Steppenwolf's Lineup Includes a Bruce Norris Premiere

By Paul Biasco on March 6, 2013 4:35pm 

LINCOLN PARK — Steppenwolf Theater's 2013-14 lineup, which was announced Wednesday, will include the world premiere of Pulitzer Prize-winning author Bruce Norris' "The Qualms" as well as the return of Joan Allen.

"The Qualms," which will debut in early July 2014, is Norris' Steppenwolf follow up to the hit "Clybourne Park." The play is set at a beach-side apartment complex where a group of friends gather for an evening of food, drink, drugs and partner-swapping gone awry, according to the theater.

The play will be directed by Pam MacKinnon, who staged "Clybourne Park" last season on Broadway.

Allen returns to Steppenwolf in the Sept. 12 American Premiere of "The Wheel," which premiered in Scotland in 2011.

"We are so proud to bring these stories to you, animated by some of the most exciting theater artists working today," said Steppenwolf's artistic director Martha Lavey. "It is a season of five plays that will move you, make you laugh out loud, and think deeply about how we live and love."

The season will include the Chicago premiere of "Tribes" on Dec. 5 and "Russian Transport" on Feb. 6.

"The Wheel" is set on a 19th-century Spanish farm that is overrun by soldiers as a family sets up for a wedding and follows a journey across war zones and through time.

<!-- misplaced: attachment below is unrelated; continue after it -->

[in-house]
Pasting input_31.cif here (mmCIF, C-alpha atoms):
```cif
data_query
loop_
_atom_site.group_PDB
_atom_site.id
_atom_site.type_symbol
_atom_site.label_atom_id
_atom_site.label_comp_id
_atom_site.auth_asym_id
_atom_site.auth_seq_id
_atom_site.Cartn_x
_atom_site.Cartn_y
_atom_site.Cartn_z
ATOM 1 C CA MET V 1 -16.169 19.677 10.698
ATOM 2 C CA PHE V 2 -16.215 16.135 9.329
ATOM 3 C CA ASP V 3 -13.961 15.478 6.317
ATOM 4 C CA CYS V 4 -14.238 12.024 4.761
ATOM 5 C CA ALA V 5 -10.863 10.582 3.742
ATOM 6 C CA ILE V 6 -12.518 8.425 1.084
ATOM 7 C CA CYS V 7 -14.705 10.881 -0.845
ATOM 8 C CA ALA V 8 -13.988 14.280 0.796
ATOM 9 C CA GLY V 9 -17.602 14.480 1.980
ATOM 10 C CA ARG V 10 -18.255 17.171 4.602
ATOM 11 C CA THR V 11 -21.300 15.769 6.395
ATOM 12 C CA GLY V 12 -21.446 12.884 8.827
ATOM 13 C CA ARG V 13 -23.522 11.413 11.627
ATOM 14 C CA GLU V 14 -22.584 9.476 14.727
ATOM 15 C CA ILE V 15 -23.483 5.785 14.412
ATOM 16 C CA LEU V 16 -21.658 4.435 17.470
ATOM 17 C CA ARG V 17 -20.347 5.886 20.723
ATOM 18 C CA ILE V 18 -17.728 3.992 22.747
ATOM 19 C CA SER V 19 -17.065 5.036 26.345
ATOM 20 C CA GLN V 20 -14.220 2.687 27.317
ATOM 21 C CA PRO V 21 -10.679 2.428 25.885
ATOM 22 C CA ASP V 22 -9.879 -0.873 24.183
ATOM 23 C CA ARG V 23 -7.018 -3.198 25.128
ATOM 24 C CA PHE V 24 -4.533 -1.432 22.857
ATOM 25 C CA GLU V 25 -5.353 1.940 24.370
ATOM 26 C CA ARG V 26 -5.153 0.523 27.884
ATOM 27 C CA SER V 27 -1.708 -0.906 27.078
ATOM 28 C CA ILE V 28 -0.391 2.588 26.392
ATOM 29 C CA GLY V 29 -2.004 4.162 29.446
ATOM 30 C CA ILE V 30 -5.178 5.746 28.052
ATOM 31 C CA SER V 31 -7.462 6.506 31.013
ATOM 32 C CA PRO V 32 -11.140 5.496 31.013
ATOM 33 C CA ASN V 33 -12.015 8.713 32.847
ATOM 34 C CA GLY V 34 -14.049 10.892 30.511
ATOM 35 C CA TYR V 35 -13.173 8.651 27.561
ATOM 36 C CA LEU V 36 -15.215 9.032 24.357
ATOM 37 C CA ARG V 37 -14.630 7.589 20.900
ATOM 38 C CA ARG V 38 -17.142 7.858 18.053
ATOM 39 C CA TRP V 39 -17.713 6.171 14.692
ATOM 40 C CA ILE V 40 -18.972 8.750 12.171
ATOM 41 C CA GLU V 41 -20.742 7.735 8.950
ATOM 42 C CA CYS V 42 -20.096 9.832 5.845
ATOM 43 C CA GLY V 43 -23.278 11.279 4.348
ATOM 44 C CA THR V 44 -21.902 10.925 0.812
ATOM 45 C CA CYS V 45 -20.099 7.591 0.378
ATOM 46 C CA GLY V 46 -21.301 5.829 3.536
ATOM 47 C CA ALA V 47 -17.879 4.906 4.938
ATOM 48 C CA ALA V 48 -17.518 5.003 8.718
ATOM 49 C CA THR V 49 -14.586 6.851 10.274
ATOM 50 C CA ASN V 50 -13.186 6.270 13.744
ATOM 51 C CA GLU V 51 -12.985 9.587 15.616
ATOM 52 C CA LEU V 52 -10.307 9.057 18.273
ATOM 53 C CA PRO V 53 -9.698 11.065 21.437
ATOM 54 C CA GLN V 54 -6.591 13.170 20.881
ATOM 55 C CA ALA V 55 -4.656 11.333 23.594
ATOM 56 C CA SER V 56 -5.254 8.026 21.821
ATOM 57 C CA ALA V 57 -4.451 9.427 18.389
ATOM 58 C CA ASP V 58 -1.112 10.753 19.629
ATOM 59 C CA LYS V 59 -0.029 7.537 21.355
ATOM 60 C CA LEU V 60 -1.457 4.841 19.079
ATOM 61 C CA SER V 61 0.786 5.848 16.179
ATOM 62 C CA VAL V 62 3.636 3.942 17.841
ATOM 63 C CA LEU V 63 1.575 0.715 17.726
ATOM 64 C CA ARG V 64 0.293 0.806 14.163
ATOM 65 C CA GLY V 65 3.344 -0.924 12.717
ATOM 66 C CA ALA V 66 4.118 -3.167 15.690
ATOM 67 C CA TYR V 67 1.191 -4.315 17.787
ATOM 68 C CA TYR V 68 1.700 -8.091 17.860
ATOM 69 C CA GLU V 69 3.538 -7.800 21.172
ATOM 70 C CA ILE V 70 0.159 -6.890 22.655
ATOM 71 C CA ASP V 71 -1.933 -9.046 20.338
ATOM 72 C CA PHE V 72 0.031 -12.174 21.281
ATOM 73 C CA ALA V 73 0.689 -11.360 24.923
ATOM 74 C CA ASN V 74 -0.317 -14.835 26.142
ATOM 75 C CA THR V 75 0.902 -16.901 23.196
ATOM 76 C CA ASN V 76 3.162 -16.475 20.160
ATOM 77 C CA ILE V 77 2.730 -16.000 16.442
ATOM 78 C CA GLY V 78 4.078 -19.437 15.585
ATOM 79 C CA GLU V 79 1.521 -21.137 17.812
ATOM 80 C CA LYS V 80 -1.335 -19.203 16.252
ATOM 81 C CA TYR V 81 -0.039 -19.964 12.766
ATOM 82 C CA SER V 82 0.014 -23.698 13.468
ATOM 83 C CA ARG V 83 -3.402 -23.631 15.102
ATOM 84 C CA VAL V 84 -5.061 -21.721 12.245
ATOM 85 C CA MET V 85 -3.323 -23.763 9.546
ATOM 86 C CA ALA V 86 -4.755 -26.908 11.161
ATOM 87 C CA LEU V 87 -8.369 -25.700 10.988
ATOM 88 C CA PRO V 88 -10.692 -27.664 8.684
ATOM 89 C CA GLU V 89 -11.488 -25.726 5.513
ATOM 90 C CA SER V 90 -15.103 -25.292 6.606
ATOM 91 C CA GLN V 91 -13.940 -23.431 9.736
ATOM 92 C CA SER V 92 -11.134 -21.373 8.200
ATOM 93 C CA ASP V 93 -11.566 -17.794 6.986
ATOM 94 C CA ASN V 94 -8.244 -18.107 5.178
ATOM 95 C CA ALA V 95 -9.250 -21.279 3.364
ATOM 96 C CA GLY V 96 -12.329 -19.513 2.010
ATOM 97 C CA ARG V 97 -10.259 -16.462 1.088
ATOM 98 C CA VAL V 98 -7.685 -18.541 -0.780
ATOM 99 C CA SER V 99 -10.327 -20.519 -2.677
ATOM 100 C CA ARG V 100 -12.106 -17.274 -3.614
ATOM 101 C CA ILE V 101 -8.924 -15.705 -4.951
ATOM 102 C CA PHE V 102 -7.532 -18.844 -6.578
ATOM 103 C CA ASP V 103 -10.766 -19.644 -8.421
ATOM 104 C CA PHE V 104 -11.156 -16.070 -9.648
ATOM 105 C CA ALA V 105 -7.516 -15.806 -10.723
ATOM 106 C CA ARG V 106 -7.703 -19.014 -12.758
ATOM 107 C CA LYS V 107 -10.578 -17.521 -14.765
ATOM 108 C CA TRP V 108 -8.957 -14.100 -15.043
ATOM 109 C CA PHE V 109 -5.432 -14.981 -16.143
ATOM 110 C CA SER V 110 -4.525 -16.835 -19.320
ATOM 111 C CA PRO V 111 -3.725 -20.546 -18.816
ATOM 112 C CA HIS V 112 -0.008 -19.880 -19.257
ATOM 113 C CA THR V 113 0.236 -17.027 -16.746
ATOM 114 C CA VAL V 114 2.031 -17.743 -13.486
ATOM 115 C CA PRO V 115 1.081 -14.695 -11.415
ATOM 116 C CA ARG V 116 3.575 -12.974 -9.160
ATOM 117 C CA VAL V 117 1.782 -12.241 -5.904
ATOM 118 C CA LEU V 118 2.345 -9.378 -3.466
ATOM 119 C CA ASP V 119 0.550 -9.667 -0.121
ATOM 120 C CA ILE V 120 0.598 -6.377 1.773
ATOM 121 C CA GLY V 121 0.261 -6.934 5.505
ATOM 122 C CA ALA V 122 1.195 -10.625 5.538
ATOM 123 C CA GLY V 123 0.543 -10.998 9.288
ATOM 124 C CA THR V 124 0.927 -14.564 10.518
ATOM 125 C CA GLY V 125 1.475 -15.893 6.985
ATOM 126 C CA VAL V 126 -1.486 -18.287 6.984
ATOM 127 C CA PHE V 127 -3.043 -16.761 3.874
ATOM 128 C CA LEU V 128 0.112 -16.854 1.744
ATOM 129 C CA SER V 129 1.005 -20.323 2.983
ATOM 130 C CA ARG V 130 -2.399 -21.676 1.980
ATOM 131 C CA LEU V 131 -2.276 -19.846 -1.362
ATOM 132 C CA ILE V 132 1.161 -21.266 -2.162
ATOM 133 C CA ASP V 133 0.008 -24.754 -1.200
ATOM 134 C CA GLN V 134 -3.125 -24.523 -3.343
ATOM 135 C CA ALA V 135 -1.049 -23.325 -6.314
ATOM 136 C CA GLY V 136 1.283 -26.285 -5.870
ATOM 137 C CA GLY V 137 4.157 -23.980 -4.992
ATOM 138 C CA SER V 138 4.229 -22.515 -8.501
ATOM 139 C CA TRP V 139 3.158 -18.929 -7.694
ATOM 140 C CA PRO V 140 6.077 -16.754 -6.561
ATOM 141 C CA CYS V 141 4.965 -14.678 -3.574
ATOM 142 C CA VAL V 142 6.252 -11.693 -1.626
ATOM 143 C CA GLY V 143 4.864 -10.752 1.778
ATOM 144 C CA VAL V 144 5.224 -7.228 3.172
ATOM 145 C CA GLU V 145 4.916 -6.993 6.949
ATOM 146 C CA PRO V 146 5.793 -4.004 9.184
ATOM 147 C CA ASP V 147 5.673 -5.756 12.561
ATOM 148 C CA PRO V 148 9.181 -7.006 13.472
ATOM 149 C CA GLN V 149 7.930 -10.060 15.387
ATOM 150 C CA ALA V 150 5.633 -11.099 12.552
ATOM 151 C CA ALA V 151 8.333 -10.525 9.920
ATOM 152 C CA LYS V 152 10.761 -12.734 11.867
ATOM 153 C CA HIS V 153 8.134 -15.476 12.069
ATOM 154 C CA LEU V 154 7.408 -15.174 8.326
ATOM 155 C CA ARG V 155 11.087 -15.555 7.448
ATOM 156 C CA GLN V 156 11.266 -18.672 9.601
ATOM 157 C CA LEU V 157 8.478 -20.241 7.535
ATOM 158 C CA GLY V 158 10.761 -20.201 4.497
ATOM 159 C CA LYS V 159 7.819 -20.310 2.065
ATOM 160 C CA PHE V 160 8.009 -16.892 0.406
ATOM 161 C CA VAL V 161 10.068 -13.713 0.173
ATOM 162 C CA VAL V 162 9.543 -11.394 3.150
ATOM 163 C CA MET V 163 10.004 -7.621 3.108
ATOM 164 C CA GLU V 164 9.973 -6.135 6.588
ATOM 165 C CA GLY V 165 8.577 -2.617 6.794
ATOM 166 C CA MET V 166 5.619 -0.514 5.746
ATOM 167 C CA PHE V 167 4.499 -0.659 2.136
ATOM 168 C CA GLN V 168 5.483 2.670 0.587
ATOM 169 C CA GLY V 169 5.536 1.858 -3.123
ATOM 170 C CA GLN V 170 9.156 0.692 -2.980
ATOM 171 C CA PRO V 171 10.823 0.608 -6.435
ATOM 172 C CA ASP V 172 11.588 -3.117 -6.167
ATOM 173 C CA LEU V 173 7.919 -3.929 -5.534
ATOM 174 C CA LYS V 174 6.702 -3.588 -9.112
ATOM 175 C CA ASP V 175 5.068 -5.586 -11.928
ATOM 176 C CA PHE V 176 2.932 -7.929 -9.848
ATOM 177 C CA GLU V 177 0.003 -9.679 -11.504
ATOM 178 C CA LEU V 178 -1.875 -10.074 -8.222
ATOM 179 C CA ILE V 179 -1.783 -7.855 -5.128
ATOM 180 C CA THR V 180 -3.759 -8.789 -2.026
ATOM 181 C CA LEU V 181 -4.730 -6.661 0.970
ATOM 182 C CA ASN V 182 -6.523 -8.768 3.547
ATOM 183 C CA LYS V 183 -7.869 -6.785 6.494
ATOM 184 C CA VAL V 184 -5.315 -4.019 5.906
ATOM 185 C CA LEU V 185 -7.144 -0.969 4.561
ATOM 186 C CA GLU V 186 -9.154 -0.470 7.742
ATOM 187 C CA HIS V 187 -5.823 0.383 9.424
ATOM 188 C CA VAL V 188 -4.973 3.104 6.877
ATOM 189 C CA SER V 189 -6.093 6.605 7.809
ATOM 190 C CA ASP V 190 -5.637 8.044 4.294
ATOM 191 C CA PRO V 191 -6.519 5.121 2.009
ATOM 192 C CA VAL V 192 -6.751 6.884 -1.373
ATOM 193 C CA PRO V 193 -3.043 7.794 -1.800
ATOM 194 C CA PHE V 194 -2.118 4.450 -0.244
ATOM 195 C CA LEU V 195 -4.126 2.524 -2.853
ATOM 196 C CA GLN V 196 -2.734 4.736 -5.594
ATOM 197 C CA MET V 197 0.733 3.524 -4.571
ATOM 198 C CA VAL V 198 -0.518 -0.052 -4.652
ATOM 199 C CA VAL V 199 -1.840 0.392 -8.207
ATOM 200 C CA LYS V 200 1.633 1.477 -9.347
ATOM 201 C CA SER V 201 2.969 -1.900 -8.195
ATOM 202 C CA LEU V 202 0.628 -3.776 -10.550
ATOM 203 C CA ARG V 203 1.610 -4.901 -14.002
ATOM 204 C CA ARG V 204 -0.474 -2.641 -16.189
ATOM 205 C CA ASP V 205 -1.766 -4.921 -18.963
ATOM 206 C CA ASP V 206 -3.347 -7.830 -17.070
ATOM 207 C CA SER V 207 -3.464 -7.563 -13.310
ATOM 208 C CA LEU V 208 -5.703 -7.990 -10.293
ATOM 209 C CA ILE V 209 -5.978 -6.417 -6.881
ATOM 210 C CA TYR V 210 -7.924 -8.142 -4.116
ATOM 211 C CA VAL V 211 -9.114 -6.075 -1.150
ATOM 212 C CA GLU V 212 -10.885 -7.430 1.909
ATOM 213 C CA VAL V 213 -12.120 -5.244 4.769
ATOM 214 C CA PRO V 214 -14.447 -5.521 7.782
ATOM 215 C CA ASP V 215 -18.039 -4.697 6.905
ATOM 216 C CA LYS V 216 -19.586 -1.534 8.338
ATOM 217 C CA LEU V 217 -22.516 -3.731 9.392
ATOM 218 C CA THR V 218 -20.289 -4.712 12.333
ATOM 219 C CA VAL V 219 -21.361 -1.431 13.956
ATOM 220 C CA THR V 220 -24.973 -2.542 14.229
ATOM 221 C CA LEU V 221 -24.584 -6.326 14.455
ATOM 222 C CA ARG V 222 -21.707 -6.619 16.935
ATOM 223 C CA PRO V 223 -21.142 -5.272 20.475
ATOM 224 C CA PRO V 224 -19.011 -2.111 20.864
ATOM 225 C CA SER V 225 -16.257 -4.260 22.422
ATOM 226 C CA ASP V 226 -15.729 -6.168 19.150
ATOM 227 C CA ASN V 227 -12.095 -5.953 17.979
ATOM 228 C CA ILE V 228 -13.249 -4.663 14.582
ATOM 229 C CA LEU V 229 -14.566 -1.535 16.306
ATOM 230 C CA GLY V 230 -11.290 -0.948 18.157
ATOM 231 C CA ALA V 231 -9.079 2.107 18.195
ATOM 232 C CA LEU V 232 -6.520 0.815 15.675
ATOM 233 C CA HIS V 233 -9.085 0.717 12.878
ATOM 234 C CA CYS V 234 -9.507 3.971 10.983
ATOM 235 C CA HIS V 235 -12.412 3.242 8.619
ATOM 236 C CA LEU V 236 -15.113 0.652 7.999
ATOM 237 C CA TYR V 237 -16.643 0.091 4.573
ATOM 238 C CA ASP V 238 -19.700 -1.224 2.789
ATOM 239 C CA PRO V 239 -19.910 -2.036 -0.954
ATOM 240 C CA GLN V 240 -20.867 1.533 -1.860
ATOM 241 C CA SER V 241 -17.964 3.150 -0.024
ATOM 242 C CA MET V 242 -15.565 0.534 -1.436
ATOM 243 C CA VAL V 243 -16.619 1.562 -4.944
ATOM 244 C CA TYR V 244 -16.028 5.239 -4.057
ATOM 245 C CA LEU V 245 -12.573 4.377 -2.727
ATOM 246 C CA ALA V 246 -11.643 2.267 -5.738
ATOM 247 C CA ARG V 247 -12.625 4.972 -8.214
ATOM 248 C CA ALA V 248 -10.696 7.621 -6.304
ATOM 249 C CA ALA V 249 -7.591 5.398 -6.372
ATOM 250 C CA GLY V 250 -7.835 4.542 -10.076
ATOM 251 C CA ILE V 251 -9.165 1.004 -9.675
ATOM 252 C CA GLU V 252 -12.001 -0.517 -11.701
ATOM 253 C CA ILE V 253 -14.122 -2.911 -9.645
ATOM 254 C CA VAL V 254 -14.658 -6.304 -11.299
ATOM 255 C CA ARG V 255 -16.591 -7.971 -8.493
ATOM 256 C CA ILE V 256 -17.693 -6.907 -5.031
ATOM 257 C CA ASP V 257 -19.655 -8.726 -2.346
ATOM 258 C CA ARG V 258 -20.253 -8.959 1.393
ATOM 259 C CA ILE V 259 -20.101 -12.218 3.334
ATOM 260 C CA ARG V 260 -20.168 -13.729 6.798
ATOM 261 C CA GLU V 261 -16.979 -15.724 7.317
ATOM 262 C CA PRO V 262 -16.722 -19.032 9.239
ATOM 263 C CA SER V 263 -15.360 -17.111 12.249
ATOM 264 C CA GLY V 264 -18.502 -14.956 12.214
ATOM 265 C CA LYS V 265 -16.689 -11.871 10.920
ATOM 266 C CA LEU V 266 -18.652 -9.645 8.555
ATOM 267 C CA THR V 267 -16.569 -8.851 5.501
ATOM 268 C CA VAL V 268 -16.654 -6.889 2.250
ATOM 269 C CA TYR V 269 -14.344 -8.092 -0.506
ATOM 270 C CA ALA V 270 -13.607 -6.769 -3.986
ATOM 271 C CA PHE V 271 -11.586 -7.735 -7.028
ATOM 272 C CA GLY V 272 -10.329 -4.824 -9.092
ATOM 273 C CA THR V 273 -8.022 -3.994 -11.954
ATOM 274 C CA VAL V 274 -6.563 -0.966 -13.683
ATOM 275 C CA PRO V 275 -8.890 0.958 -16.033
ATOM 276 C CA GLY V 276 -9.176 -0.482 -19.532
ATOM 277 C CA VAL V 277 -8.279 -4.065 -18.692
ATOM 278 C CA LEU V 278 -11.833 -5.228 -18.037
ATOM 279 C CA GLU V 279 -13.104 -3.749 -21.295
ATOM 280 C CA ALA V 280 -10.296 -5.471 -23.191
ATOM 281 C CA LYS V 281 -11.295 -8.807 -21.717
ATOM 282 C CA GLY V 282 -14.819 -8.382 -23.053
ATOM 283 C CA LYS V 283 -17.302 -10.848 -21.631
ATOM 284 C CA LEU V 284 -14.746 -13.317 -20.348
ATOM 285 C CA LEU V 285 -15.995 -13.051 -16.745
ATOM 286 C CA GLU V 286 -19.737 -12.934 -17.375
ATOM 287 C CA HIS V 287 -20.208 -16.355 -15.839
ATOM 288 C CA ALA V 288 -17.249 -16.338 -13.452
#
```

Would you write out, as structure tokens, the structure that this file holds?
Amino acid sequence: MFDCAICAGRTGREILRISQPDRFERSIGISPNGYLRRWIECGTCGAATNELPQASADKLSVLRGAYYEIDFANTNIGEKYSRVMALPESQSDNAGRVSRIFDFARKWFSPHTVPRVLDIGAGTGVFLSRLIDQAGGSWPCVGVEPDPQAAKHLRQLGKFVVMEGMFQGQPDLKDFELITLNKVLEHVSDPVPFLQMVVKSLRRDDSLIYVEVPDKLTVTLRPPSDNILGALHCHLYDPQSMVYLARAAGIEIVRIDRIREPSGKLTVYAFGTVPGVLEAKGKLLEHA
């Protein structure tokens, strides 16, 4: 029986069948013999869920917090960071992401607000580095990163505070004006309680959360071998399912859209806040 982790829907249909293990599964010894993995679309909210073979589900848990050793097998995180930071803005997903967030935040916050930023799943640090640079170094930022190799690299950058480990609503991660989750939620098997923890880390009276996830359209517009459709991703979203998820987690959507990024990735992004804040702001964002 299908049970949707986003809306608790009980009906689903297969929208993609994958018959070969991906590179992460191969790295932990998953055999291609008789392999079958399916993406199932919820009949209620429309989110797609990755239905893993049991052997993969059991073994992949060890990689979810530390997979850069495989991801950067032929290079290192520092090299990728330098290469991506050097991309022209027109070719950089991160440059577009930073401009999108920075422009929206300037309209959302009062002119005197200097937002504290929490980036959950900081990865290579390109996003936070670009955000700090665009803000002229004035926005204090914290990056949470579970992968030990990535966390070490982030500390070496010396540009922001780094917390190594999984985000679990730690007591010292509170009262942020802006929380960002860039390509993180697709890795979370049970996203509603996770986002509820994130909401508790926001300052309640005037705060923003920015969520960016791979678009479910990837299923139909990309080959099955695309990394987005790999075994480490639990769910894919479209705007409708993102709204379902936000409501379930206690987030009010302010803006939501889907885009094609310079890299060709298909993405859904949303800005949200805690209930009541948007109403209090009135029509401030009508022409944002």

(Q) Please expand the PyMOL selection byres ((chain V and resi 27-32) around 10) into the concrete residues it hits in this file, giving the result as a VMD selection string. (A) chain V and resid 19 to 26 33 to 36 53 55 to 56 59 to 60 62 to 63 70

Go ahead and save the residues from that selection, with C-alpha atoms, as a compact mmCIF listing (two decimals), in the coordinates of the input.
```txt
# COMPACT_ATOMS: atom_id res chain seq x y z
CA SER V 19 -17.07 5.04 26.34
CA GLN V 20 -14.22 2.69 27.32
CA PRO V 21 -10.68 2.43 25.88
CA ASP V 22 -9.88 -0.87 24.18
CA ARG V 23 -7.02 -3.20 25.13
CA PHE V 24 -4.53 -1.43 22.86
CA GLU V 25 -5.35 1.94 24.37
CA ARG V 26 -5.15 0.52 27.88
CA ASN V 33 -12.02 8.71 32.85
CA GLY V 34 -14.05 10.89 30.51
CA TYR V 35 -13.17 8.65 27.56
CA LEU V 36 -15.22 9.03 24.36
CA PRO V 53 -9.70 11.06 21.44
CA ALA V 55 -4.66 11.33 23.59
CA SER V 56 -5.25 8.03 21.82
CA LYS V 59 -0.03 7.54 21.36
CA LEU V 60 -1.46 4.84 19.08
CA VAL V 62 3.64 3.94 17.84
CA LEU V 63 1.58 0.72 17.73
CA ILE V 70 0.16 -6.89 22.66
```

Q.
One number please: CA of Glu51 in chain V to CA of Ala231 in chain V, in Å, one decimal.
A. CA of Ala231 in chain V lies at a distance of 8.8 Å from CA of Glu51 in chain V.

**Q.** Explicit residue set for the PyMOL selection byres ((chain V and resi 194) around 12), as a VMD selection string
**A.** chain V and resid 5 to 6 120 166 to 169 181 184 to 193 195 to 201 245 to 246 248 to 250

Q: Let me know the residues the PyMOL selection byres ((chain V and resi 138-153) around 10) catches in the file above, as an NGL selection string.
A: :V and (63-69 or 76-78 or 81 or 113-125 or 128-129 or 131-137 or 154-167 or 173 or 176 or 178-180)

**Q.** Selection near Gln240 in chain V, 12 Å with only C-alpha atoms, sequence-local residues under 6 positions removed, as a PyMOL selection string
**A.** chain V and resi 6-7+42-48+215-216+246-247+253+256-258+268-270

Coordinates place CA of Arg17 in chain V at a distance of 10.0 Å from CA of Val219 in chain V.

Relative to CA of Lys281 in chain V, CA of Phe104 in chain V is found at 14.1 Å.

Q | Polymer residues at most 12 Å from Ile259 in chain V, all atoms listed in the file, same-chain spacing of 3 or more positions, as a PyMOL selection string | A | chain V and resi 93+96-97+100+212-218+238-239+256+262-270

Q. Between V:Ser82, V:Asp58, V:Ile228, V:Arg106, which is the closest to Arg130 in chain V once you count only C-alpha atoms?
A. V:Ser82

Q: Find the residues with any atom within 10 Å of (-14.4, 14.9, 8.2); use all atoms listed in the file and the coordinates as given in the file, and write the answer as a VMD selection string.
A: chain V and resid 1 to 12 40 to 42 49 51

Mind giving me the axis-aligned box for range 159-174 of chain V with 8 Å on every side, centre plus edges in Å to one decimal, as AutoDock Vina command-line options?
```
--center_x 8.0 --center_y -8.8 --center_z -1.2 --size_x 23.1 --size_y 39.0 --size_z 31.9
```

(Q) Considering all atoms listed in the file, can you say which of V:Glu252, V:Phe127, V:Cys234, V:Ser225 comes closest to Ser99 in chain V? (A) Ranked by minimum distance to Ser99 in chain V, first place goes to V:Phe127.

"Tribes", by Nina Raine and directed by Austin Pendleton, is centered on a deaf man in an eccentric English family, who, upon meeting his girlfriend, is introduced to a larger deaf community leading to a struggle for self-identity and rebellion against his family. Pendleton recently directed "The Birthday Party" at Steppenwolf.

"Russian Transport," by Erika Sheffer and directed by Yasen Peyankov, premiered Off-Broadway in 2012, and follows a rowdy Russian family in Brooklyn on a daily hustle to achieve the American dream.

"The Way West", which debuts April 3, marks Amy Morton's directorial return to Steppenwolf after her performance on Broadway in "Who's Afraid of Virginia Woolf?."

The performance is set in a modern-day California town and tells the story of a mom who shares death-defying tales of pioneer crossings with her two adult daughters while waiting for her bankruptcy to come through.

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